Los Angeles Time correspondent Alejandro Lazo hosted a Google LA times Hangout to discuss the Southern California housing market with DataQuick analyst Andrew LePage, chief economist Stan Humphries and USC’s Richard Green, director of the Lusk Center for Real Estate.

Stan Humphries: “understanding what is going to happen with negative equity is pretty important because I think it is negative equity that is constraining a lot of for-sale inventory. So with these types of price gains…half of that increase in median sales price is just a mix-shift…enormously robust home price appreciation…is going to free a lot of people from negative equity which is then going to change the supply dynamics and will lead to some moderation in home value moderation. What’s happening with new construction is going to be a big factor.”

Andrew LePage: “less of what’s selling today ….is foreclosured properties and a lot more is the mid to high end property in the move up market in the coastal markets…we’ve had higher demand meet very  restricted inventory for sale…”

Richard Green  “…the fundamentals are pretty strong here for the housing market for the next year at least.”

Watch the whole discussion here.

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Don’t Abandon the Children


Our leaders …can start by recognizing that childhood poverty is just as important to our state’s economic growth as creating new jobs,…”

Ann O’Leary challenges California to face up to the problem of childhood poverty in a  Sacramento Bee opinion piece, We can’t abandon the next generation.  She marshals sobering statistics about the Great Recession’s legacy of impoverishment and suggests some approaches to deal with it.

The Great Recession led to record setting levels and rates of poverty in California;

  • According to the Census Bureau’s official estimates, “more Californians are living in poverty – 6.3 million – more than at any point since the U.S. census started tracking state poverty”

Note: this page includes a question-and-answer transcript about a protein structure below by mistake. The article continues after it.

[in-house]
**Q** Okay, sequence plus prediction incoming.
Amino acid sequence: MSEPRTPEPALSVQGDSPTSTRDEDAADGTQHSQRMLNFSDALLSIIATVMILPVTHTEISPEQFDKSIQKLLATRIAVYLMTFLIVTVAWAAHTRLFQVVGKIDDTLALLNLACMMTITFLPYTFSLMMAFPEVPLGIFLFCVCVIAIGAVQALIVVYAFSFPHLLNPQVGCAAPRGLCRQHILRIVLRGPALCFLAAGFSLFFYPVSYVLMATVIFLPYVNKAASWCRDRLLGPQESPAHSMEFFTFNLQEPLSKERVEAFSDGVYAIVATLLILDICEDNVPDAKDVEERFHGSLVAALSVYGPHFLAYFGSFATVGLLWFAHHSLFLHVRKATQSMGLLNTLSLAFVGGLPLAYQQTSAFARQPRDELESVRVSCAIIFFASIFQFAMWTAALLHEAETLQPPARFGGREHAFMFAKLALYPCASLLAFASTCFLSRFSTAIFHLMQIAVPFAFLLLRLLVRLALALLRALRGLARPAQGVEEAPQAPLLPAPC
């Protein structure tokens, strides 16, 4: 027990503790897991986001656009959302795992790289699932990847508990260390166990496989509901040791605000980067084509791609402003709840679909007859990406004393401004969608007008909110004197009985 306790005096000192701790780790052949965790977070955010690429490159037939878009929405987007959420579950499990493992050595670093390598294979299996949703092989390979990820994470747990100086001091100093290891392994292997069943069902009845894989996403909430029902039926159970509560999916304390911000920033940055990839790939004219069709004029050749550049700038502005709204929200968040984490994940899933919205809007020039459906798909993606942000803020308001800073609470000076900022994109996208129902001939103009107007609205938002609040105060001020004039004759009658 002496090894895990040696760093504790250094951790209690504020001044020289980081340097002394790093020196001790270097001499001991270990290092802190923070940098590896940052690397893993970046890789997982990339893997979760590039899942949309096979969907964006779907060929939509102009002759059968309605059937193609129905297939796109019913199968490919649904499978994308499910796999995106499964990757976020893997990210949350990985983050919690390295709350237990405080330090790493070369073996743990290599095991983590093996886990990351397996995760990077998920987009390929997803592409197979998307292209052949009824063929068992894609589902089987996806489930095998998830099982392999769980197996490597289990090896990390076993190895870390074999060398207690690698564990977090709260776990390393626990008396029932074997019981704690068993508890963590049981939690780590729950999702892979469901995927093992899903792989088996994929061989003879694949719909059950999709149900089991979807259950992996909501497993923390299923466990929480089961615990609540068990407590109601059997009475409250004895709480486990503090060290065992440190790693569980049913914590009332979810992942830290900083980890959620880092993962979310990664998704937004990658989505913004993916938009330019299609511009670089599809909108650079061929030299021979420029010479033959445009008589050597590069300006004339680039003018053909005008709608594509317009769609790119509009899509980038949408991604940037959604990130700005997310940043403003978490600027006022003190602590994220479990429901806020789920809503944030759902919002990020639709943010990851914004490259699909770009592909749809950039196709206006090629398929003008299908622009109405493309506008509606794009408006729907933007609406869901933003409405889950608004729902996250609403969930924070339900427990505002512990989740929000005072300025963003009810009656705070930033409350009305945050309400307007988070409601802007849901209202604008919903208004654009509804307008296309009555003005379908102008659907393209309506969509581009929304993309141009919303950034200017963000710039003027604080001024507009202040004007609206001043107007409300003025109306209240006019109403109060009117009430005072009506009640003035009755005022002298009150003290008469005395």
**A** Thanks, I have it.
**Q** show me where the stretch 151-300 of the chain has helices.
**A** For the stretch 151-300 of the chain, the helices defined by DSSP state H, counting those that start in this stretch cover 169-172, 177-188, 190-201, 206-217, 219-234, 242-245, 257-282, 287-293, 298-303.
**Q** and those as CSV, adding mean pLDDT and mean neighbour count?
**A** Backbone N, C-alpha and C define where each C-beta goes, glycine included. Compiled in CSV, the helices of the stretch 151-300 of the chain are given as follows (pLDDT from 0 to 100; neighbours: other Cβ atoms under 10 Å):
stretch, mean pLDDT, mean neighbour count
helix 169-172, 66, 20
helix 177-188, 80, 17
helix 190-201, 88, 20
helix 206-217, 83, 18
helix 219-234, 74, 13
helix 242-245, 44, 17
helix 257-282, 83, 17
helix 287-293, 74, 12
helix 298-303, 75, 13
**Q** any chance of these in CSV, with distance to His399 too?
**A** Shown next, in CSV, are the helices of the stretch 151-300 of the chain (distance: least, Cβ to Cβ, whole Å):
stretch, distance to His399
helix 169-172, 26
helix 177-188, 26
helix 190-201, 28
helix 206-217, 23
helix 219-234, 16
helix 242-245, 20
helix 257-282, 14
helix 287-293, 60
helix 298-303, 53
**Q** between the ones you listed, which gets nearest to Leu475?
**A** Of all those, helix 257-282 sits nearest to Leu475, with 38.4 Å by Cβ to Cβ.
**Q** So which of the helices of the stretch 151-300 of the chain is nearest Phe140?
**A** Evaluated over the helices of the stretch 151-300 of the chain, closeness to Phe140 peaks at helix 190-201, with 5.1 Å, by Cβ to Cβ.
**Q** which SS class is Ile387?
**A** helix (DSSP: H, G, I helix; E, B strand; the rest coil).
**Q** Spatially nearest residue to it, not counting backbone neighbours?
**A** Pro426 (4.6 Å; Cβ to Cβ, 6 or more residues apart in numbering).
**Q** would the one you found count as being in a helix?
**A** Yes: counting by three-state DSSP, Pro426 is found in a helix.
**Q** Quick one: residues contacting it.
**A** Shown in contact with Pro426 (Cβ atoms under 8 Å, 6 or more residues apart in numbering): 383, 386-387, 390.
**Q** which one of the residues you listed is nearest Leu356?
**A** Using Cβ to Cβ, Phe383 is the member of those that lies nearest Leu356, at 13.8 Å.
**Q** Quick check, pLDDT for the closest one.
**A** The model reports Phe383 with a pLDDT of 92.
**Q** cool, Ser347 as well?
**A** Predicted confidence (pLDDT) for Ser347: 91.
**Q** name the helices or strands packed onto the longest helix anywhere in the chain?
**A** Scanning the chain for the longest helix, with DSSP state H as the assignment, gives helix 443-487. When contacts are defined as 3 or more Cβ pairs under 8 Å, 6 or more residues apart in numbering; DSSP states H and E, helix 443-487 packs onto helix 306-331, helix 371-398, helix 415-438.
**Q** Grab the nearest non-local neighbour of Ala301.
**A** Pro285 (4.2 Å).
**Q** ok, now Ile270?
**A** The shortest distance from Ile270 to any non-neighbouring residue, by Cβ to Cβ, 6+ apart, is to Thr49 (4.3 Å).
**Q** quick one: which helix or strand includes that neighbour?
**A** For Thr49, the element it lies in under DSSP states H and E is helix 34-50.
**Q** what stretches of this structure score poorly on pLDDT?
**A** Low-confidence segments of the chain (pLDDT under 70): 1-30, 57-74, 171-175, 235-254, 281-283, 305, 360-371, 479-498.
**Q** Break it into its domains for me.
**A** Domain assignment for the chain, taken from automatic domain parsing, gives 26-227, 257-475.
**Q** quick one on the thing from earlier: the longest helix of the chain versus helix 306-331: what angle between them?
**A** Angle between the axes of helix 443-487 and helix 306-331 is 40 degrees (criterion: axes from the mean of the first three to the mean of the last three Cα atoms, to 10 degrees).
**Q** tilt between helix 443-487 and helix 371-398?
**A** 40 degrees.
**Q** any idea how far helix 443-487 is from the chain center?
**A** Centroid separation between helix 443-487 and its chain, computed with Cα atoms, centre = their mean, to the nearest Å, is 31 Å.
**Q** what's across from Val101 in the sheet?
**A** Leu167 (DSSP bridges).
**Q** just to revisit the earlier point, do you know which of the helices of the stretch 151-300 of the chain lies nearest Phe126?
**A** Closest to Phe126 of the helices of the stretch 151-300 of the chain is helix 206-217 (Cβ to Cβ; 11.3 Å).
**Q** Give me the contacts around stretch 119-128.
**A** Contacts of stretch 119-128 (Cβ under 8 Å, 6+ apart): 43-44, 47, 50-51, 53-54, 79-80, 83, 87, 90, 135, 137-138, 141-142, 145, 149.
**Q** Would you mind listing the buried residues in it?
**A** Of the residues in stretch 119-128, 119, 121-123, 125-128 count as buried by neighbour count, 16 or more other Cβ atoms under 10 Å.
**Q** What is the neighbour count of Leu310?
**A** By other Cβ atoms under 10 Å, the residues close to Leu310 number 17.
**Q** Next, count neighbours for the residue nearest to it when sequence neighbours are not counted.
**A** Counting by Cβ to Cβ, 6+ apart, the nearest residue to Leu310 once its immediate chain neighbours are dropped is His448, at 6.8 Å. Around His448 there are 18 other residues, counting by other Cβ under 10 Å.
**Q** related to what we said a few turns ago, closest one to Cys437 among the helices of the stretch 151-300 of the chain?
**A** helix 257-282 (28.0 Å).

• If that weren’t bad enough, the Census Bureau’s new Supplementary Poverty Measure (see description and county poverty rates below) “puts the number of Californians in poverty at 8.7 million” which means that California has “the highest poverty rate in the country.”
  • Almost half of all California children live in or very nearly in poverty.
  • “more than twice as many California children live in poverty as seniors”, 21 percent of children versus 8.5 percent of seniors.

Not surprisingly, childhood poverty is greatest in areas of high unemployment, low rates of medical insurance coverage, high percentages of single-parent households, and low educational attainment rates.  According to Prosperity Threatened: Perspectives on Childhood Poverty in California, by The Center for the Next Generation childhood poverty in by the Supplemental measure in 2011 was highest in Lake County at 37.9 percent, followed by Merced County, 36.0 percent, and Fresno County at 35.0 percent.

To address this, O’Leary recommends increasing school funding in high child poverty areas and making it easier for poor families to access healthcare and to the existing range of income security programs.

Note: according to the Governor’s 2013-14 Budget Proposal: “School districts serving those students who have the greatest challenges will receive more generous increases so that all students in California have the opportunity to succeed.”

County Poverty

Source: Prosperity Threatened: Perspectives on Childhood Poverty in California

Supplementary Poverty Measure

According to the Census Bureau’s Supplementary Poverty Measure, the poverty rate in California is the highest in the nation, 23.5 percent.  Only Hawaii and the District of Columbia come close.

The Supplemental Poverty Measure differs from the official measure in that it (1) accounts for government benefits and taxes, work expenses (including childcare), and medical expenses on households’ standards of living and (2) uses a more accurate measure of the poverty line.  The official poverty measure’s poverty lines are based on surveys of family expenditures from the 1950s, whereas the supplemental measure’s poverty lines are based on actual expenditures on food, clothing, shelter, and utilities. Also, the Supplemental poverty line takes into geographic differences in housing prices.


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California Economic Update, January 2013

Job Gains

The Department of Finance released its January 2013 Finance Bulletin which includes the following review of the latest economic indicators for California.

California’s labor markets continued to improve in October with accelerating job growth and a drop in the unemployment rate. There was also improvement in real estate conditions.

Labor Market Conditions

  • California nonfarm payrolls grew by 45,800 jobs in October, and September’s initially reported gain of 8,500 jobs was revised up substantially—to 32,000. This was the sixth consecutive month-over-month job gain.
  • California’s private sector added 54,400 jobs in October—the highest monthly job growth in this sector since October 2004. This increase more than offset the loss of 8,600 government jobs.